Thanks to the game's recharging health system, you're also practically invincible. Blessed with the ability to sprint around even at two points of health, if ever you're in danger of dying you can pretty much guarantee that running away for ten seconds or so will 'run off' those massive shrapnel injuries. With your health guaranteed to rise back up to 60 or 70 per cent in no time, you can simply return to the battle, pick off the stragglers and carry on unimpeded. And if not, the massive amount of health pick-ups scattered with staggering generosity will get you out of a jam. There's a fine line between removing frustration and completely removing any challenge whatsoever, which Mercenaries 2 doesn't so much cross as burn down and stamp on imperviously.
With the odds so stacked in your favour, chipping through the contracts becomes a tedious war of attrition as you make your way to another building you need to occupy. Rather than skillfully marshaling your forces and tooling yourself up with awesome levels of destruction, you can just run in like a supercharged Rambo, safe in the knowledge that even an RPG pointed at your face from three feet away can be survived as long as you sprint around the corner and wait for a few seconds. Meanwhile you call in reinforcements (by cycling through the d-pad and hitting the right trigger) and let them do a lot of the dirty work.
And if surviving being hit in the face by a rocket doesn't sound ludicrous enough, you'll love the approach Mercenaries 2 takes to hijacking the bigger vehicles such as tanks and helicopters. We can just about deal with the idea that a man could run up to a moving tank, jump on the top it, flip open the lid, drag out the driver, headbutt him and lob a live grenade into the cockpit. But any vague suspension of disbelief is shattering the minute you grapple a moving helicopter, remove the pilot, shut his head in the door repeatedly and jump in to continue the journey - mainly because it's yet another boring excuse to shoehorn a QTE into the game. While it might seem mildly amusing the first couple of times, this is not true of the third, fourth and beyond.
Sometimes, though, the game doesn't let you run around like you're in God mode, preferring that you unleash a 'bunker buster' or other type of aerial assault to remove a specific obstacle. But that's really about the extent of the external help you need. Things get more hectic and a tiny bit more strategic as the game progresses, but getting there involves an incredible number of completely unchallenging tasks in the interim. The chances are you'll never see the better ones.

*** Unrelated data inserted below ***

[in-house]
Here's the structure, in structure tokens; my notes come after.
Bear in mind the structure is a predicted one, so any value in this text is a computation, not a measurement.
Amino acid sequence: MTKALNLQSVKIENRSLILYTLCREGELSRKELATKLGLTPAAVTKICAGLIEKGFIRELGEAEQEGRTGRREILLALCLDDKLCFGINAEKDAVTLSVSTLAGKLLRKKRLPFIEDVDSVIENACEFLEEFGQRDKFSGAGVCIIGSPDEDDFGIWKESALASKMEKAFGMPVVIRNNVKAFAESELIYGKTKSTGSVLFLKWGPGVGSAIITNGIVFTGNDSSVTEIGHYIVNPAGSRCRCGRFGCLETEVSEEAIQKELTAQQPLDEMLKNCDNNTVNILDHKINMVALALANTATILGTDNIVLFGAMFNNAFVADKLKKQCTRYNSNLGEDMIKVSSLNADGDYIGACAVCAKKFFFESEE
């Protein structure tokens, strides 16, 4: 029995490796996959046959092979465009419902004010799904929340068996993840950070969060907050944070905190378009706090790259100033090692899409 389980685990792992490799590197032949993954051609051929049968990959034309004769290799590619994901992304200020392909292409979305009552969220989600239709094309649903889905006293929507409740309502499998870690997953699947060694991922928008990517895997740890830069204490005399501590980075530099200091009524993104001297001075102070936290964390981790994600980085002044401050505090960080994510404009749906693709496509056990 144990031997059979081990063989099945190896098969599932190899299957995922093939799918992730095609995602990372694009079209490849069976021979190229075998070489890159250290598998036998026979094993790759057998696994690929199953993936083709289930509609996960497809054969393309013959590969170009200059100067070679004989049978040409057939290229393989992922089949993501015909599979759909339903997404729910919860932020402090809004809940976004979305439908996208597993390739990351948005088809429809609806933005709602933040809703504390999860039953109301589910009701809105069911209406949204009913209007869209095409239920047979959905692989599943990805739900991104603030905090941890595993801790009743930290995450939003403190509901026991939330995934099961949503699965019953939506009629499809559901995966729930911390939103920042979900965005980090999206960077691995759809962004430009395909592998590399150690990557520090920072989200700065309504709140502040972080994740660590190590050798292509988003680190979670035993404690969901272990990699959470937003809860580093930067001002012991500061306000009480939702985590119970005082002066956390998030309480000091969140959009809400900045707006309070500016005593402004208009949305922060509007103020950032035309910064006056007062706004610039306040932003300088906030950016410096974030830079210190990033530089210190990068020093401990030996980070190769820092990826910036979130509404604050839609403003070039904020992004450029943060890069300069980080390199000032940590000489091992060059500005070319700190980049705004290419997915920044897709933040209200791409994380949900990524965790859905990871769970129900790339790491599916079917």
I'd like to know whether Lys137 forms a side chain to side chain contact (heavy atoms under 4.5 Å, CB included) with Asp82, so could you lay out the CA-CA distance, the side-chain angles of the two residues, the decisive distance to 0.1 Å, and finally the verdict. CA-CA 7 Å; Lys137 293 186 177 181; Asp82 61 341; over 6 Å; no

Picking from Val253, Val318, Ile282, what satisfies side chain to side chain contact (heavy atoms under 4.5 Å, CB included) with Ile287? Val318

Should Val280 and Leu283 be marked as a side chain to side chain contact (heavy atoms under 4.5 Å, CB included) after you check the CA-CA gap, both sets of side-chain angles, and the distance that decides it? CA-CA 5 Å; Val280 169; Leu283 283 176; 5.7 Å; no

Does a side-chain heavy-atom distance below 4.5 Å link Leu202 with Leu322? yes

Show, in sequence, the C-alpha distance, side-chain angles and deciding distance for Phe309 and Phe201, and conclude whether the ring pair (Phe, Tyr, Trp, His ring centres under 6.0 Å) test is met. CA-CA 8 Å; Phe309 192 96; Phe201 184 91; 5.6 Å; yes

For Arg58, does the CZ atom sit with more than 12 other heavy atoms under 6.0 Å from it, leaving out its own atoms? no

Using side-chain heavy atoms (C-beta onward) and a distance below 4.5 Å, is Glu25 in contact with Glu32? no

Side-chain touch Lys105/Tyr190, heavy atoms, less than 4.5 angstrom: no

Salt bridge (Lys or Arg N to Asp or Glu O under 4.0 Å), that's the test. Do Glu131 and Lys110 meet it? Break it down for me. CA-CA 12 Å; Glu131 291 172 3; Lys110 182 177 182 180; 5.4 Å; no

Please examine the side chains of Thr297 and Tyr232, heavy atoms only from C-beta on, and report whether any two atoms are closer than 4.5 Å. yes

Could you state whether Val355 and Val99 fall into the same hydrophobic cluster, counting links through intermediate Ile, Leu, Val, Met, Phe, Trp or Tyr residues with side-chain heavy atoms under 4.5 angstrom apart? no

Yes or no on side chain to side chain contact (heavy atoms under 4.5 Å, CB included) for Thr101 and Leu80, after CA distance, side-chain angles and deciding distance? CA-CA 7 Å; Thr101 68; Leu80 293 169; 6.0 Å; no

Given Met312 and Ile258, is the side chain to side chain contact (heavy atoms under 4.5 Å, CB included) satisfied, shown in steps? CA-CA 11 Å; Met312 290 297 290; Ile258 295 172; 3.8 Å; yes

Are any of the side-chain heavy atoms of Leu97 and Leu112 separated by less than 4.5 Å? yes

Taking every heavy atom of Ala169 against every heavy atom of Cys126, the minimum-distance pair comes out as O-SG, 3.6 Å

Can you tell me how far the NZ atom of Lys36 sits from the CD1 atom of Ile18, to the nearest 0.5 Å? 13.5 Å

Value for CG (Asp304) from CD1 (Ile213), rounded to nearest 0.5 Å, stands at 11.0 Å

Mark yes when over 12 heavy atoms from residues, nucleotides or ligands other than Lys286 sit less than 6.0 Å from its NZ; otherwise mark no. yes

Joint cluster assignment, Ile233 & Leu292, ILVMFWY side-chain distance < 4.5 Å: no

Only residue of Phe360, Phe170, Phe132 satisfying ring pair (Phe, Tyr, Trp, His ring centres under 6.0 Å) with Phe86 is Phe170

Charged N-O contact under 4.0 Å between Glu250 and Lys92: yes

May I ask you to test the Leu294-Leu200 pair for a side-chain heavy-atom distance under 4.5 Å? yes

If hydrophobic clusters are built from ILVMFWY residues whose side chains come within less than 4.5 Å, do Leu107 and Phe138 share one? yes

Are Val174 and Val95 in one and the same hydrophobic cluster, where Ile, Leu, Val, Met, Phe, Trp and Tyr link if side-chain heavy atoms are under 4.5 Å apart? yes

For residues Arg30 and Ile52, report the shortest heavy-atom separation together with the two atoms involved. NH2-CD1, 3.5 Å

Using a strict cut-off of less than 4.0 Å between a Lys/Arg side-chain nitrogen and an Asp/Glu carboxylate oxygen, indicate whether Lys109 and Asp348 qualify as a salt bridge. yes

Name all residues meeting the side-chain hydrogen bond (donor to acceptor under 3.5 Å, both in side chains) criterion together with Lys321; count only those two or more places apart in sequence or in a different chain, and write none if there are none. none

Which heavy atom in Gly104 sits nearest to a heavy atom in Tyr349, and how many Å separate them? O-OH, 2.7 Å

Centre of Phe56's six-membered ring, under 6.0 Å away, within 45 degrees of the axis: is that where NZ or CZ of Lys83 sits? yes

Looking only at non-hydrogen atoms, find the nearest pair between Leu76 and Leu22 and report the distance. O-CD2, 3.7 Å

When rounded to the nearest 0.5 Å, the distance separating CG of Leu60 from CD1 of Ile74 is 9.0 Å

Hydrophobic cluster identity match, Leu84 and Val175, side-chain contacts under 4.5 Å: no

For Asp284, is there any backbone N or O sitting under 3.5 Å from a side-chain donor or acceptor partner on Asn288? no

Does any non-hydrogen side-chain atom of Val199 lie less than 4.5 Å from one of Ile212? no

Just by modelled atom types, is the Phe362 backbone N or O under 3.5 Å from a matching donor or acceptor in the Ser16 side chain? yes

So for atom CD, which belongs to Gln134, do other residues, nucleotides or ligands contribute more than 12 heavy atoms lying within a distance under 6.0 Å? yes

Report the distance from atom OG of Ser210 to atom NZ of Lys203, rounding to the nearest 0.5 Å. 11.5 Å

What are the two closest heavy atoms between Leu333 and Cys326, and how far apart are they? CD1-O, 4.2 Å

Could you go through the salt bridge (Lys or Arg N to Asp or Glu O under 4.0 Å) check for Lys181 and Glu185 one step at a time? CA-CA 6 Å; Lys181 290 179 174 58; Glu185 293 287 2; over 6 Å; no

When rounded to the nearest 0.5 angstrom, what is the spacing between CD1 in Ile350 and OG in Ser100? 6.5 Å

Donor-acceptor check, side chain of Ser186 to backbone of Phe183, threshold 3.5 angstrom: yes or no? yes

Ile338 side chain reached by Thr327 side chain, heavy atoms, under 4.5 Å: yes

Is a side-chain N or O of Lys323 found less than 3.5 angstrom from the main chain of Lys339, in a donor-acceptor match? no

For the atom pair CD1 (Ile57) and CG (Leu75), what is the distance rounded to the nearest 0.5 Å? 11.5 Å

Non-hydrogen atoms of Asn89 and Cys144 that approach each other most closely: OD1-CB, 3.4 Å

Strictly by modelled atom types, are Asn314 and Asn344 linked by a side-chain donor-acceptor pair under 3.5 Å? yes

In keep with The Law of Openworlds, Mercenaries 2 is also rammed with side missions, including some relatively enjoyable racing, target practice and destruction challenges, and even one involving winching crates within a time limit. If anything, these show the game in its best light, seeing as they generally veer away from its combat and AI, but there's only so much entertainment to glean.
Indeed, a lot of people will be tempted to compare Mercenaries 2 to the other crop of sandbox titles around, and in that regard Pandemic's effort falls short of pretty much all of them. Even two-year-old games like Just Cause, Saints Row and even GUN provide superior thrills, and in a sphere now luxuriating in the greatness of GTA IV and Crackdown, Mercenaries 2's poverty is particularly apparent. But it's not only openworld titles that Mercenaries fares badly against; it's most of the third-person action genre as well, and when your game is falling way short of providing the thrills of the likes of Army of Two, you know you've got problems.
Some might reasonably argue that the inclusion of 130 vehicles gives Mercenaries 2 the edge, which is a fairish point. They're all easy to control, too. The problem is that unlike, say, Battlefield: Bad Company, the context in which you use them is overwhelmingly uninspiring. Likewise, the satisfying (and visually impressive) ability to blow almost everything to smithereens is a novelty that wears off in light of the ruinously poor missions and catastrophic AI.
Question marks, too, hang over the wisdom of designing the game in parallel with the PS2 version. In so many regards it bears all the hallmarks of a last-gen title with upscaled visuals, like horrifically low-polygon, low-detail vegetation. Sometimes it threatens to look quite good, as in the massive close-ups of the lead characters, but there's always something to drag it down, in this case the goldfish lip-synching. Even at its best, the generic art style fails to make a positive impact, and while the engine provides a smooth gameplay experience, it's hopelessly dated next to the competition. It's hard to think of too many experienced gamers gleaning much enjoyment here, and on balance it feels like a failure.
Given its troubled, delayed development, hope remained that Mercenaries 2 would deliver on the series' promise. Instead, the usually reliable Pandemic has produced a game that not only fails to compete with any current-generation openworld, but somehow takes a backward step from the original. With uninspiring combat contributing to a succession of desperately poor missions, the only remaining question is whether the developer will get a third chance to rectify matters.
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